First week of orientation I learned sometimes you just have to lower your standards… and that, in this case, is not a bad thing. The whole Kalu Yala way of life is about freeing yourself from the “gringo” way of thinking, and embracing and utilizing the resources available to you.
For the first time ever, not even fathoming, but participating, I ate fresh fruit from a tree. Limes, coconut, and mangos grow all around us in the yard of Casa Llena, including a resident cat, two chickens, and rooster named Alejandro. I gave in and tasted the mango, which I don’t particularly like regularly, and thought it was delicious! Oh, how I’ve seen and tasted the freshness of life! … the resident female chickens successfully lay eggs, BTW.
My other means of violating my comfort zone was sleeping in little or no air, amongst others, and just sharing living spaces with them period, while Alejandro runs the yard cock-a-doodling all night long. I had become accustom to living alone these past 5 years, and never with roommates much less strangers. I realized that it was unnecessary for me to feel I need to be in my own and same element all the time and that I had to get au-natural and embrace this living space and what life has to offer in general.
At the end of our first week, all the house and city interns took a trip into the valley, to visit the first of one of Kalu Yala’s up and coming land development sites. A bunch of interns studying agriculture, biology, and animal science amongst other things, live in the valley, EVERY DAY, for at least 10 days straight before being allowed to take a 3 day vacation at Casa Llena or in Panama City. However, they are oblivious to the outside world and couldn’t wait to share their wonderous playground with us.
First, the hike up there was trying! If it had not been for friendly locals on horseback taking my backpack and another giving me a ride up the last horrendous hills, I wouldn’t have made it. I would have just sat there, or rolled back down the mountain or died. I’m thinking my asthma and MVP in conjunction with elevation overwhelmed me. And no, MVP has nothing to do with being a valuable player… it’s mitral valve prolapse. My heart was on overload and couldn’t take it! The trek up into the mountains is definitely for the able-bodied and experienced. And most probably, it’s only a one-time experience for me. I salute and envy the valley hikers.
Once up there, my comfort level was again tested before I warmed up to the situation: I had to sleep outside! I had to use the restroom in outhouses and dump the bucket out myself. I had to eat off of dishes that were washed outside with no running water. I had to maneuver muddy man-made paths littered with water puddles and horse manure… . I enjoyed myself, which made me proud.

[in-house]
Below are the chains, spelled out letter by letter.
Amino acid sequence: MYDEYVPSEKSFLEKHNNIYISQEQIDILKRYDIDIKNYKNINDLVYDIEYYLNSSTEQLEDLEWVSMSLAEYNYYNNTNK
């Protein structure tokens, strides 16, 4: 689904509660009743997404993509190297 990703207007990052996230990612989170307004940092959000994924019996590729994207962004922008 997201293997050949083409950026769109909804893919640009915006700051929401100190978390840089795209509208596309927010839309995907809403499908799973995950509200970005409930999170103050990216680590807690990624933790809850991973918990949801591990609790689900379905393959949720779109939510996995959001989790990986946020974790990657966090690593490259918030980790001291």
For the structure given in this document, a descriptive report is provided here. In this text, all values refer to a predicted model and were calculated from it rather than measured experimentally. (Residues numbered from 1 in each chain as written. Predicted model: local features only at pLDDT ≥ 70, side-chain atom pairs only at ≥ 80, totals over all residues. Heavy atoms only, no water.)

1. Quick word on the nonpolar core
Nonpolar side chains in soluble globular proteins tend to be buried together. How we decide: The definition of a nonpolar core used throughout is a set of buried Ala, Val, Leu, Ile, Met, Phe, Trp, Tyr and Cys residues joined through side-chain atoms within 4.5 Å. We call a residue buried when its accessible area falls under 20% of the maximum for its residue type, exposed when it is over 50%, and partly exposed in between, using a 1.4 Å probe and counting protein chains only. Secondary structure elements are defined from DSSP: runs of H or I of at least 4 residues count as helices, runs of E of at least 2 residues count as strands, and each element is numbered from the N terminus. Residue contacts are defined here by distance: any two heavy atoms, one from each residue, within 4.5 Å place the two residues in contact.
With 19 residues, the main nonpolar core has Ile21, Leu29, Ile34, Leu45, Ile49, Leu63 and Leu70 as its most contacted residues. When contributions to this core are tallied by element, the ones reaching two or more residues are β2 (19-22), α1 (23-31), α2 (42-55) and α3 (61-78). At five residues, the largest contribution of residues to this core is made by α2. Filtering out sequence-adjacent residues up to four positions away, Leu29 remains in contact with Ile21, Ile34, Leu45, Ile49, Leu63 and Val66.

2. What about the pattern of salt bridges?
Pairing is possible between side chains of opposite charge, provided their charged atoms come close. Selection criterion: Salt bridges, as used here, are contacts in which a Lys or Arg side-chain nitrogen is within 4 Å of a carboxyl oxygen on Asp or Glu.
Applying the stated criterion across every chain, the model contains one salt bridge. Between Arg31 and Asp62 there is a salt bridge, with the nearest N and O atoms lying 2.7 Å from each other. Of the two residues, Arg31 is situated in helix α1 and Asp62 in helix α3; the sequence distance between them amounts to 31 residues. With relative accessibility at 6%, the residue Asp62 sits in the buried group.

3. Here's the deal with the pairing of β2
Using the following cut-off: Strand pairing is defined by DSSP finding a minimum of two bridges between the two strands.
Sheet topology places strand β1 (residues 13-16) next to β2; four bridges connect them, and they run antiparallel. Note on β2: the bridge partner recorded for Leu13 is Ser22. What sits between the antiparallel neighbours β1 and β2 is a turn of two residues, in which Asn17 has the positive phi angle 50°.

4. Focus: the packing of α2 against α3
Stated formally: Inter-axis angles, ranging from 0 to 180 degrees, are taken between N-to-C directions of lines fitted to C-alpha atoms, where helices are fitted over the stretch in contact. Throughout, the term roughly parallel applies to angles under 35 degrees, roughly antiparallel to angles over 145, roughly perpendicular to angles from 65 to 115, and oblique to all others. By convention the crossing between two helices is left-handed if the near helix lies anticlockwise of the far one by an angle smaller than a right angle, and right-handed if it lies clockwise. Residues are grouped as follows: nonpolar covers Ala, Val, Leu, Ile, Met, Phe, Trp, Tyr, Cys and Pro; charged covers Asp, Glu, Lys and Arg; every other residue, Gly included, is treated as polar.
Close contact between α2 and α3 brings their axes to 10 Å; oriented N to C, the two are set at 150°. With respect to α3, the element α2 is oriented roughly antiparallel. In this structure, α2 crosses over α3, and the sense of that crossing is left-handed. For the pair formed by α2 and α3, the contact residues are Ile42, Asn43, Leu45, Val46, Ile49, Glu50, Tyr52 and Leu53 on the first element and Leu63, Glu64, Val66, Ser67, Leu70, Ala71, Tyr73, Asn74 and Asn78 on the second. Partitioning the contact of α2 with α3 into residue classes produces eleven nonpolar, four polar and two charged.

Kalu Yala is not about getting what you want. It’s about appreciating what you have, making the best of it, and working towards better. Although the language barriers, food preparation and consumption, and living situations are testing me, I’ve experienced beautiful things I would never give back.
The nearest city is 24 de deciembre and is full of commercial retail, people and vendors and more prominent than those three- trash. The beauty of the land no longer exists. Here in San Miguel, there are unpaved, clay roads and only 3 restaurants and 2 stores. The town center or downtown area consists of a fork in the road where all 5 of these things are located.
There’s a beautiful river, the Pacora, with large, old mountain boulders, smoothed by the clear flowing waters that run right in front of Casa Llena. The river, hills and mountains are visible from the house’s balcony, and at night, the lack of city light pollution displays a sky that mimics a black backdrop full of glitter. A less than 20-30 minute hike up and pass the church will take you to a secluded, pristine 6ft waterfall. I can say with confidence that this place certainly rivals paradise.
Up and inside the valley, base camp is surrounded by breath-taking mountain tops and three rivers- Tres Brazos. The swimming holes in the area are plentiful and gorgeous. The scenery alone leaves you in awe of nature and God’s grace. The night I first slept outdoors, I lay under the stars in my hammock with my mosquito net and a blanket. I stared at the sky until falling asleep… between unconsciousness I woke only to automatically look up at the stars again until dozing back off.
Before my nightcap, I sat on the second level of an open-air cabana the Kalu Yala valley crew is constructing, watching the fireflies come out. It was beautiful, they were plentiful and it was like none other I’d even seen. They rose out of the grass and brush, up through the air and into the trees as they circled their way into the sky. Then the stars came out. And there was peace for me… and Kalu Yala came full circle. This is why I am here…to sustain this place, this feeling… .
Again, there are no words. It is simply amazing here and I am totally convinced I’ve embarked upon a life-changing journey this summer… and not even mine alone, but my families, friends, Kalu Yala colleagues and the San Miguel community. Now, that’s change you can believe in.